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    23andMe is moving into Apple's territory with a pilot to pull in medical data, not just DNA info

    Anne Wojcicki

    DNA-testing start-up 23andMe is experimenting with a new way to collect a lot more health data from millions of its users than just their DNA.

    The company is now asking a subset of customers if they'd be willing to incorporate their lab results, prescription information and medical history, after they've received the results from the genetic test. 23andMe, which has sold about 10 million at-home DNA testing kits, will be able to access that data if users let the company connect outside medical providers using a third-party medical data network called Human API.

    CNBC viewed the service in action earlier this week and the company confirmed that it's a beta program that will be gradually rolled out to all users, but declined to comment further on its plans. The service is still being piloted, said a person familiar with the matter, and the product could change depending on how it's received.

    Such a move would bring the 23andMe squarely into Apple's territory.

    Apple, in recent years, has developed its own health records service, which aims to aggregate medical information including lab tests and prescriptions into the Health app on the iPhone.

    One missing component from Apple's program, however, is genetics data, which might present an opportunity for 23andMe to reach people who care about getting a deeper analysis of how their genetic information might impact their risk of disease.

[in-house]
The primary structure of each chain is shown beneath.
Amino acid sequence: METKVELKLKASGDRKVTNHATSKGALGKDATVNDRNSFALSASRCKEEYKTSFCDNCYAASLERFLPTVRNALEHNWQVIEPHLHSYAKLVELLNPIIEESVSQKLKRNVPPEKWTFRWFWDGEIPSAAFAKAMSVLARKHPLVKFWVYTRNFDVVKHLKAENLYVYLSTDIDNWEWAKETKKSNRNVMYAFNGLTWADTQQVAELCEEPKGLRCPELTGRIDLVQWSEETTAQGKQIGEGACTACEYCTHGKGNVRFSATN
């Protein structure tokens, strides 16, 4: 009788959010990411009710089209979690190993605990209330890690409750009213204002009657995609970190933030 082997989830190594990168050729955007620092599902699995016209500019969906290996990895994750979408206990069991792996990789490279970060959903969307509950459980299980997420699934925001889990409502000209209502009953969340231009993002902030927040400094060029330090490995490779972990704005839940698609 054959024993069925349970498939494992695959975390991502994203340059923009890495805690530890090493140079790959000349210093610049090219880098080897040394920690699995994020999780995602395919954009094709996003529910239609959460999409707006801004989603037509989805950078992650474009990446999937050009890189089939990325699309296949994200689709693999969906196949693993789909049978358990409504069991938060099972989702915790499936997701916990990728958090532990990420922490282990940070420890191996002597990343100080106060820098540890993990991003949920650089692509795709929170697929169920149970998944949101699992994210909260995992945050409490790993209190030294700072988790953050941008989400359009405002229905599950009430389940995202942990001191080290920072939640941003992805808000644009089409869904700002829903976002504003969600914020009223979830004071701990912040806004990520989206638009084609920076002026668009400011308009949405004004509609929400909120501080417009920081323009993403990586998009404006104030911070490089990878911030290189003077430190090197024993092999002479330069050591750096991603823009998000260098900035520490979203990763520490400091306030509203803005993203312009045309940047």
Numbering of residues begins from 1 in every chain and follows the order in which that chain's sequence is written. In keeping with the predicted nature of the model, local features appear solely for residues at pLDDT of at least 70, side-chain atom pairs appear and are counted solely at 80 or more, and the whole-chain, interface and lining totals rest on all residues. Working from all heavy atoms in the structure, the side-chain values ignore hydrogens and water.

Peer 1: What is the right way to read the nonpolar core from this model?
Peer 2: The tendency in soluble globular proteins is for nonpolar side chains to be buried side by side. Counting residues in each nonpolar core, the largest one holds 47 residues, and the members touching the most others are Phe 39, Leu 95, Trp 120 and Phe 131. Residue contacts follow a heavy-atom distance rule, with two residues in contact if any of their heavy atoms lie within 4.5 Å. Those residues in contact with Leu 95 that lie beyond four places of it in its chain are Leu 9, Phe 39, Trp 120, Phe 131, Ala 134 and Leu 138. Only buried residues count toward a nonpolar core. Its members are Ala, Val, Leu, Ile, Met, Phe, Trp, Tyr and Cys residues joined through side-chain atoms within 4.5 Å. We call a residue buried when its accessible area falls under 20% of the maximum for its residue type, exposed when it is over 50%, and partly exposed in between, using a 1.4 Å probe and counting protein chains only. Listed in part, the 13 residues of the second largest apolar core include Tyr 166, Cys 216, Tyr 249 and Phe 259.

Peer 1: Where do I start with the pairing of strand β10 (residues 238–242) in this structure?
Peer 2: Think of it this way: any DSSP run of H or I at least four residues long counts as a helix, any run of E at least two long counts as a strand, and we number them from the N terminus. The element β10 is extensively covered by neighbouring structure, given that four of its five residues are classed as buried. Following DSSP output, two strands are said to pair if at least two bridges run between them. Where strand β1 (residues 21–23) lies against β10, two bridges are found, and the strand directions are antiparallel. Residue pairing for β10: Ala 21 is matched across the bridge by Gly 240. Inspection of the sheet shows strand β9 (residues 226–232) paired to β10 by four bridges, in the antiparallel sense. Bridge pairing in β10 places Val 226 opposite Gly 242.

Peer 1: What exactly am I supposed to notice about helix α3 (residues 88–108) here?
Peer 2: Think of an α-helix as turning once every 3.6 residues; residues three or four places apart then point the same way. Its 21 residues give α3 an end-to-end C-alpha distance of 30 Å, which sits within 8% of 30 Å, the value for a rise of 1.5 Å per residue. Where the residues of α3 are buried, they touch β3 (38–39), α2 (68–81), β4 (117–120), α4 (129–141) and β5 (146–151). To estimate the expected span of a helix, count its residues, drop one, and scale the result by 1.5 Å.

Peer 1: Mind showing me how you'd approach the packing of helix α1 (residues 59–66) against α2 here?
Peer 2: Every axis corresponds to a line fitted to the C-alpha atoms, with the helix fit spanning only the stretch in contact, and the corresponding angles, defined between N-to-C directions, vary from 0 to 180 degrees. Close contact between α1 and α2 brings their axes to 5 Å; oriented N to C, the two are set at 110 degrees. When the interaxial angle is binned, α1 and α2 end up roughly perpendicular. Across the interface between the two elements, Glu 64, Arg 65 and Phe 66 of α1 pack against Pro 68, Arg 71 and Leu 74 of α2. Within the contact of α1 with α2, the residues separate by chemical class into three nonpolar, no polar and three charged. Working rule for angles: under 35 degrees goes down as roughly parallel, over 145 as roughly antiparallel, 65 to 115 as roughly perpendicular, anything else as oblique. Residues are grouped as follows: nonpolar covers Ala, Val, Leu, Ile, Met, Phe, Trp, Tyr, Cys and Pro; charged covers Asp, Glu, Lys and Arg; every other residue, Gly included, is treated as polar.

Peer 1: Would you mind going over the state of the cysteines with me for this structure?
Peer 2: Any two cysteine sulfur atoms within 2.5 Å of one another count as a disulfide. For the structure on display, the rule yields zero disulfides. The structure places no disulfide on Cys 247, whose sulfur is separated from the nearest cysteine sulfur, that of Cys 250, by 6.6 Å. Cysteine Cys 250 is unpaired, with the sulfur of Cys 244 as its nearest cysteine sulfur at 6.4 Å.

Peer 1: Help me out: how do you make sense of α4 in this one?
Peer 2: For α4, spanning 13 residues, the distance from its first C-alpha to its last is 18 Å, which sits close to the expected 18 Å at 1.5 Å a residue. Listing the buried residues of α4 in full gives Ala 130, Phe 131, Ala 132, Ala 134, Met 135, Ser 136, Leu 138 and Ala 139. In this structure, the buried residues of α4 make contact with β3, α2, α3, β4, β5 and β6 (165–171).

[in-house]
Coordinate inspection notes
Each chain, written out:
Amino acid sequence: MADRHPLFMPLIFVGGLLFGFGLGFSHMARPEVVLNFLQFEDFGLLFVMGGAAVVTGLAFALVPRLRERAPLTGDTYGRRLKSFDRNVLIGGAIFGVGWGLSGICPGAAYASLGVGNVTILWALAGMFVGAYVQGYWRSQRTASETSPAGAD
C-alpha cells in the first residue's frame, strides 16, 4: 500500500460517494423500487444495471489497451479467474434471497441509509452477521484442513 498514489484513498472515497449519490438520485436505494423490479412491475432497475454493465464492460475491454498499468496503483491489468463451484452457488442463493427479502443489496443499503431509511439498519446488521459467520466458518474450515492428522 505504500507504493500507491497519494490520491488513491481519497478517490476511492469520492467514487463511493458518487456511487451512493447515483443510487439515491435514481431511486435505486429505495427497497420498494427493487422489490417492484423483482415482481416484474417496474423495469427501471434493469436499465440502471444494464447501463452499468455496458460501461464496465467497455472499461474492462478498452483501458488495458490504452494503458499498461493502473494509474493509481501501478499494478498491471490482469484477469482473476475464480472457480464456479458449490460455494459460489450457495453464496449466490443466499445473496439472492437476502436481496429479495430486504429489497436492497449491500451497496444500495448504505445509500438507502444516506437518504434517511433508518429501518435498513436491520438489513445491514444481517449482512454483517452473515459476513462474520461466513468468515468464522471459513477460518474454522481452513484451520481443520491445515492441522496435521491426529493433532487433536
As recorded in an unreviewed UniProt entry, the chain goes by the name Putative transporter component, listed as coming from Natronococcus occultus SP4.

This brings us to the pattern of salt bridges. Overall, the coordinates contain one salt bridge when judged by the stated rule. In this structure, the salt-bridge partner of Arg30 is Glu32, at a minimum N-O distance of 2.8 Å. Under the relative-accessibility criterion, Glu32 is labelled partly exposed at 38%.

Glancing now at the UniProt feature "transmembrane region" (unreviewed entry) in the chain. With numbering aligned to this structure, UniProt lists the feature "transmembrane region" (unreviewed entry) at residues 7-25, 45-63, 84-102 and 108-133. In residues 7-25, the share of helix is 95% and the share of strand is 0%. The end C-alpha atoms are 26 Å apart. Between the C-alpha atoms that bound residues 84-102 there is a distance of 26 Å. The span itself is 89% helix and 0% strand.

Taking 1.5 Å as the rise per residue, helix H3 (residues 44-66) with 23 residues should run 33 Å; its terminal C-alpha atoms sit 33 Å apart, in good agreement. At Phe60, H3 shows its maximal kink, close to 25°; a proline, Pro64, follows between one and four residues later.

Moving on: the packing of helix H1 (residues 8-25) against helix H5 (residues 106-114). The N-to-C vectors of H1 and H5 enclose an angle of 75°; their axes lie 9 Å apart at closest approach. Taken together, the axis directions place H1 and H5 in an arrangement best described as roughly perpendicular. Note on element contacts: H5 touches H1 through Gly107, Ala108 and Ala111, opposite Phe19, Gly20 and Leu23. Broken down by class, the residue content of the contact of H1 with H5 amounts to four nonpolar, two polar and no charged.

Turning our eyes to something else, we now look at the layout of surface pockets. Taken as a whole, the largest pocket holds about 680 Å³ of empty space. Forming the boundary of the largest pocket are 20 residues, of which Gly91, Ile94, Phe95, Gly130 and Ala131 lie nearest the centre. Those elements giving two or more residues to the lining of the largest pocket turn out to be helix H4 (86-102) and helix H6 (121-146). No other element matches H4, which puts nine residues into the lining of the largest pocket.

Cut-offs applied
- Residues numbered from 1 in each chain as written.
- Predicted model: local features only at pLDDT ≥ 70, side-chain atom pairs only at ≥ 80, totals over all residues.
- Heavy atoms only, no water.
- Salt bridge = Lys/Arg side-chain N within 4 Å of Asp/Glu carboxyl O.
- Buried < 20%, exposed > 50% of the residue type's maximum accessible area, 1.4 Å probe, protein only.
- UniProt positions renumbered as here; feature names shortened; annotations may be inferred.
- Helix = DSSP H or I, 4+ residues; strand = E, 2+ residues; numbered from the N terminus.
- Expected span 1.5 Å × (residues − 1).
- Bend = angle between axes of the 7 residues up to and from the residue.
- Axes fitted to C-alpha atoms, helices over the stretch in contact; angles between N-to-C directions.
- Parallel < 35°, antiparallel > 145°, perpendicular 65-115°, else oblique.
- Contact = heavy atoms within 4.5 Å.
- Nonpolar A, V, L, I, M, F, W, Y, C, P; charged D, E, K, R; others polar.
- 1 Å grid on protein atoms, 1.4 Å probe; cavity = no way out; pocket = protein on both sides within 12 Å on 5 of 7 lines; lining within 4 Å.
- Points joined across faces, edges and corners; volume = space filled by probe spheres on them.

23andMe's pitch to users is that the service is an easy way to access health data, especially if it's scattered across multiple systems, get new insights about their health, and assist with research. (Click the image to enlarge.)

    23andMe is trialling a new service that aims to aggregate users' health data.

    Christina Farr, CNBC

    For 23andMe, it's a way to improve its both its research efforts and its health insights.

    Currently, the company has access to genetic information via those who take its at-home DNA test, as well as some health information that it collects via surveys. Having access to a much broader data set would provide a lot more opportunity for 23andMe to open up new sources of revenue, experts say.

    While the company is best known for its $99 and up DNA test, it makes much of its money through research collaborations with pharmaceutical companies. And going forward, it hopes to produce new drug therapies by leveraging its growing health database.

    "It's a clever move," noted Ruby Gadelrab, a former 23andMe vice president who now provides consulting services to health-tech companies. "For consumers, health data is fragmented and this is a step towards helping them aggregate more of it," she said.

    Gadelrab also noted that it might help 23andMe provide people with information about their risks for complex, chronic ailments like diabetes, where it's helpful for scientists to access a data-set that incorporates information about individual health habits, medications, family history and more.

    The company recently lost its chief scientific officer, Richard Scheller, but it still has a team of scientists working on potentially promising drug targets.

    23andMe, named to the annual CNBC Disruptor 50 list five years in all, is backed by more than $780 million in venture capital, with investors including Alphabet venture arm GV, Sequoia Capital and the drugmaker GlaxoSmithKline. The company has attracted some controversy over the years for providing health information directly to consumers, including risks for cancer and other disease, especially in cases where it's provided people with false reassurance.

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